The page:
You probably have all the supplies you will need for this project right in your recycle bin. Cereal boxes and salvaged note book covers become art when cut into pieces and cleverly arranged.
How to tips:
Design your mosaic and sketch it lightly on a stiff piece of paper. I use foam board pieces and mat board scraps from a framing shop. These scrapes would otherwise be wasted. Call around to see what might be donated to you.
Save scrap paper (such as colored handouts form school, phone book covers, magazine pages…) or thin cardboard (such as cereal boxes, crackers and other food boxes, non-food boxes, notebook and coloring book covers…).
Cut the boxes in strips ½ inch thick. Focus on the parts with the most pure color. I like to use a paper cutter. More advanced students might want thinner strips in order to achieve finer details.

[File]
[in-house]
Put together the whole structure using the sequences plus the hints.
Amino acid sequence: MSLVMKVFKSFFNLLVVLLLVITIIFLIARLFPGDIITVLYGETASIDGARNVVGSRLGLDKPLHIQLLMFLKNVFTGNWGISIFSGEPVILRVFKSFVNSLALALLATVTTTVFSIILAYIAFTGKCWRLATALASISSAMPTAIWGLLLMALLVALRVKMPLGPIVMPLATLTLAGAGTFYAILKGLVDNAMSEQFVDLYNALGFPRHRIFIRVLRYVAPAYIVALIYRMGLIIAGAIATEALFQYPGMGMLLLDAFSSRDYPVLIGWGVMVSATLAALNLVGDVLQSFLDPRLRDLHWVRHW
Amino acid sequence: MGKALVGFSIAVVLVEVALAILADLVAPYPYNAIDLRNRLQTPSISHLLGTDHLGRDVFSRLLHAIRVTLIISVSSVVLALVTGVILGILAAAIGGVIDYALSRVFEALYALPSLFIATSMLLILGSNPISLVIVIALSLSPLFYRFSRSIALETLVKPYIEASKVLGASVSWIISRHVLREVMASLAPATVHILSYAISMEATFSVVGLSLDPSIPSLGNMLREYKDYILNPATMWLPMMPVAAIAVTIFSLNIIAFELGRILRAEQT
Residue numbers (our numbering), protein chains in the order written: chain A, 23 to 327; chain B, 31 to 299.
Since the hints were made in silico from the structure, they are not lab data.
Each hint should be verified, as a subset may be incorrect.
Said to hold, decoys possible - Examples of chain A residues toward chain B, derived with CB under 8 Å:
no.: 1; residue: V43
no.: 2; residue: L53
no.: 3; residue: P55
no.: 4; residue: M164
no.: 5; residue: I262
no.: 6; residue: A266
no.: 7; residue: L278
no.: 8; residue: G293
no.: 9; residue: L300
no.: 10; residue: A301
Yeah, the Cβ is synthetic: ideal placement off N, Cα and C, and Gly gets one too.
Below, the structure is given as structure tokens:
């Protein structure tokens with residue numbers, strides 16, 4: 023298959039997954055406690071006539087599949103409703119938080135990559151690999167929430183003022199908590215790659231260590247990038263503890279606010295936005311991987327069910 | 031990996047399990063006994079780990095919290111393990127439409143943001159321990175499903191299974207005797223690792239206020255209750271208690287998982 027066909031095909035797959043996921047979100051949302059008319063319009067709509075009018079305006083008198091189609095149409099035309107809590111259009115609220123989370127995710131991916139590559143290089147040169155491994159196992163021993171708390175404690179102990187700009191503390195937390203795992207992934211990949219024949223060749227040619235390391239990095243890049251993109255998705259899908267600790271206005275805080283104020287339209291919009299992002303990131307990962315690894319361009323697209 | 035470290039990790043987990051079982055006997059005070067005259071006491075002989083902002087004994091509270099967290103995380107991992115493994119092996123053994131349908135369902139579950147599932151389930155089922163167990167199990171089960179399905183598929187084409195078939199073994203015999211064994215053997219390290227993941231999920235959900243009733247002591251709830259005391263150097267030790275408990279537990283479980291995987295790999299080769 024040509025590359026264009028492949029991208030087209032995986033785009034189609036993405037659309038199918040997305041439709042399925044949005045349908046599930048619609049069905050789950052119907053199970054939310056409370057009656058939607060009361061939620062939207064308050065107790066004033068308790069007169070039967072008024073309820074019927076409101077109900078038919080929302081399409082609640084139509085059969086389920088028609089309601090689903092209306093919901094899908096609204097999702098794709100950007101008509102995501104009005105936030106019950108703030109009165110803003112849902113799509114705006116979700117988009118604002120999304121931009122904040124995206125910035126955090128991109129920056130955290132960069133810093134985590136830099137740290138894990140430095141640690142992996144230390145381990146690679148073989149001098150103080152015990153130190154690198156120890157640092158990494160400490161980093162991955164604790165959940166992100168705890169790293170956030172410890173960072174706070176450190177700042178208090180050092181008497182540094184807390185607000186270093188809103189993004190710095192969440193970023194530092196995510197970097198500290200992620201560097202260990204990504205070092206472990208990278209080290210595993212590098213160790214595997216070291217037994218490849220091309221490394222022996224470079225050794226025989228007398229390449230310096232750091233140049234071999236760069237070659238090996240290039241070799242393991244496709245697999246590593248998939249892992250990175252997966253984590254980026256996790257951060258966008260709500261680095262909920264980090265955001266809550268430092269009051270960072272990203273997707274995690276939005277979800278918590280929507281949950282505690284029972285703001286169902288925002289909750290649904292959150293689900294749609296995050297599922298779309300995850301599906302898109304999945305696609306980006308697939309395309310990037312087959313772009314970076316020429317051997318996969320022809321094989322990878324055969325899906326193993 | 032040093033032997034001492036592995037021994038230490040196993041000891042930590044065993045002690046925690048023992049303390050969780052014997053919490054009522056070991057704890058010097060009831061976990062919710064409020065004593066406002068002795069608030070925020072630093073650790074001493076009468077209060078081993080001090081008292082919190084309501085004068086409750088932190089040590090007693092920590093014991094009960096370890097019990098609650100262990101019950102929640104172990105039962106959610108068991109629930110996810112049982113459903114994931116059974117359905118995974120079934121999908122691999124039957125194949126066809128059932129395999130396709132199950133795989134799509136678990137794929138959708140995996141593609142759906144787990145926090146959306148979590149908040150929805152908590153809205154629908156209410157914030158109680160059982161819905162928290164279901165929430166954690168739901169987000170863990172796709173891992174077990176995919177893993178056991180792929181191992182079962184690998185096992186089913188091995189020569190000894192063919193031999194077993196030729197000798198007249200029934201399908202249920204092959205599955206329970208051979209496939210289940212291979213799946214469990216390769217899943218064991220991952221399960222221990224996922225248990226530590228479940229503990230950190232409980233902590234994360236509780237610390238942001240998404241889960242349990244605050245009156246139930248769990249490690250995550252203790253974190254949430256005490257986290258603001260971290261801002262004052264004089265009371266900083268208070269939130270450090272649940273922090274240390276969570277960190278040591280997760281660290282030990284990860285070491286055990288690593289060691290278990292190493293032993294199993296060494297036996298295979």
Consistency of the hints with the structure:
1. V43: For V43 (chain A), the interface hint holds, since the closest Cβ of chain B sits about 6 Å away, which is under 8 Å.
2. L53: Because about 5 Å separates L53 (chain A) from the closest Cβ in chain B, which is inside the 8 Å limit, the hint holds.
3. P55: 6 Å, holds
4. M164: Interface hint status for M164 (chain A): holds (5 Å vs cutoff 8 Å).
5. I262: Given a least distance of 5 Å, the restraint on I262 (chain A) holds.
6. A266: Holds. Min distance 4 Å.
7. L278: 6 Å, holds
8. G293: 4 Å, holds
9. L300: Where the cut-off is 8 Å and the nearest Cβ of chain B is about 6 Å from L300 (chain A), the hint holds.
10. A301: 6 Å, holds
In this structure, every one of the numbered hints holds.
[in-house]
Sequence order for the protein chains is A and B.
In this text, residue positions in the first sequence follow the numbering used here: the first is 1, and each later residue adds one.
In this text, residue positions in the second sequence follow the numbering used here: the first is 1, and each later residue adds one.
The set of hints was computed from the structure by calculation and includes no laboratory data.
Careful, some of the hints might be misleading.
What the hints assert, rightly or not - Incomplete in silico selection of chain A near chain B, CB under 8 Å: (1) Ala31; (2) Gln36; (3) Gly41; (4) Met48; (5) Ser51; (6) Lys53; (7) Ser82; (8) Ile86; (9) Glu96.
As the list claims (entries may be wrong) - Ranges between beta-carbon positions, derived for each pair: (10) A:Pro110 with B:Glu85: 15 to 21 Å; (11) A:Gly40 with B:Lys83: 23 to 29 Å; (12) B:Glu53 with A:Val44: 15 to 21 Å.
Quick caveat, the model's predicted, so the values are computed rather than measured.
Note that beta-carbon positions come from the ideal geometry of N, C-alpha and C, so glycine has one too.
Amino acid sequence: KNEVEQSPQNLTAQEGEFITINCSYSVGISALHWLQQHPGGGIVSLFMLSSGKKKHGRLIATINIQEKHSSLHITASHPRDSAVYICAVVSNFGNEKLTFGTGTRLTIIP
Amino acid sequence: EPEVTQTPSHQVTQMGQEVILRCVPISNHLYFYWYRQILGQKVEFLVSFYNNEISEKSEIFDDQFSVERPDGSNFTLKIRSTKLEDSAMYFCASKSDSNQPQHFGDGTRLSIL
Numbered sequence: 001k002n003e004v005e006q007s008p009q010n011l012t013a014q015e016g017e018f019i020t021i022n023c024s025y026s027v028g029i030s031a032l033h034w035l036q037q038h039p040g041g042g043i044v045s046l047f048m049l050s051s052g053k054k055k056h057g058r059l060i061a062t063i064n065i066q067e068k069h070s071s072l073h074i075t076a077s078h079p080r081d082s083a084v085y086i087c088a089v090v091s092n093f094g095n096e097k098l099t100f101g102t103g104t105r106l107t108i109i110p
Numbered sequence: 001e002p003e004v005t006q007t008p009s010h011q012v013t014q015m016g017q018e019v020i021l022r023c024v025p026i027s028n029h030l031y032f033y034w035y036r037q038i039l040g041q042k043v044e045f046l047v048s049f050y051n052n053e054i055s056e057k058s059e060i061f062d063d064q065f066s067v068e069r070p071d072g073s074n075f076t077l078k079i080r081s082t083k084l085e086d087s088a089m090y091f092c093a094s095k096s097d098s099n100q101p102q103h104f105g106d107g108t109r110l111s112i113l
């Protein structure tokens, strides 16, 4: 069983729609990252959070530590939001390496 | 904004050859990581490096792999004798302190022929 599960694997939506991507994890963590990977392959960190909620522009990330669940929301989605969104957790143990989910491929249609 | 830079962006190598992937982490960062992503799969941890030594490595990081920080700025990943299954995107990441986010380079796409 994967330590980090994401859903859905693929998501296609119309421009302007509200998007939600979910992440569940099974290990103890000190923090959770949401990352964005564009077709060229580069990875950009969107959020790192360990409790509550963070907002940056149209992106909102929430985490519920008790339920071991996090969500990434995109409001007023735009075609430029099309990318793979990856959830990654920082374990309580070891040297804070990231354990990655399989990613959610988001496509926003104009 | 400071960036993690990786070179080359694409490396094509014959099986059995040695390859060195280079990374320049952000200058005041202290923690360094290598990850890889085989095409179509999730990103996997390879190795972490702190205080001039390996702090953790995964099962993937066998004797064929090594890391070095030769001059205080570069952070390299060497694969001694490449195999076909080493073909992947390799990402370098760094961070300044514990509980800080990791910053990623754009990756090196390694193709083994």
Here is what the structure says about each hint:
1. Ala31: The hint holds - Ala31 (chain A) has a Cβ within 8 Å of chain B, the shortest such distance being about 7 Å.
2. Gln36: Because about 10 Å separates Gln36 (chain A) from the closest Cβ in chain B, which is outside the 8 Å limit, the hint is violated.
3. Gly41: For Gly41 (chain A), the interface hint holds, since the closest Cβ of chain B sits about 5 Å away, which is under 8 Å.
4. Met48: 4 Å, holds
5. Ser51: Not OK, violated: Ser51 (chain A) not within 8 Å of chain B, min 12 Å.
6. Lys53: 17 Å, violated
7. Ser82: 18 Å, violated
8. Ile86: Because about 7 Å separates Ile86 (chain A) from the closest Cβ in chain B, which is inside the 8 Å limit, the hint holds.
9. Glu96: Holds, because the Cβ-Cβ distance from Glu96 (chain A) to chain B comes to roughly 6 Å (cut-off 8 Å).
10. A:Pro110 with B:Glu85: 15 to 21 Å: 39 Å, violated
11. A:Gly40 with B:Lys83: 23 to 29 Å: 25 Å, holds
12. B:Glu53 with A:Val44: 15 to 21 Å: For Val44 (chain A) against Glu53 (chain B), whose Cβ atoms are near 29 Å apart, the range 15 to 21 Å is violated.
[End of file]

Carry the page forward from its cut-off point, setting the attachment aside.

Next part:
Here I have organized the scraps by setting ice cream containers into Clementine boxes.
Artists will cut up the strips to make their own mosaic tiles. It isn’t necessary to cut all the pieces in squares. Sometimes you will need more of a triangular shape to fill the space. Besides, you want to have a broken tile look.
Work one area at a time. Fill in the areas by gluing your “tiles” on one by one. Paste works well and is environmentally friendly. Glue sticks work nice but create a lot of plastic waste. If using white glue, I recommend using an old paint brush to apply the glue.
When done and the glue/ paste is dry, apply a layer of Modge Podge or an equivalent product.
*The butterfly mosaic above was a collaborative effort by young artists whose ages ranged from 6 to 11.
To see an example of a paper mosaic made from recycled thin cardboard such as cereal boxes, see my post: St. Patrick’s Day Rainbow Mosaic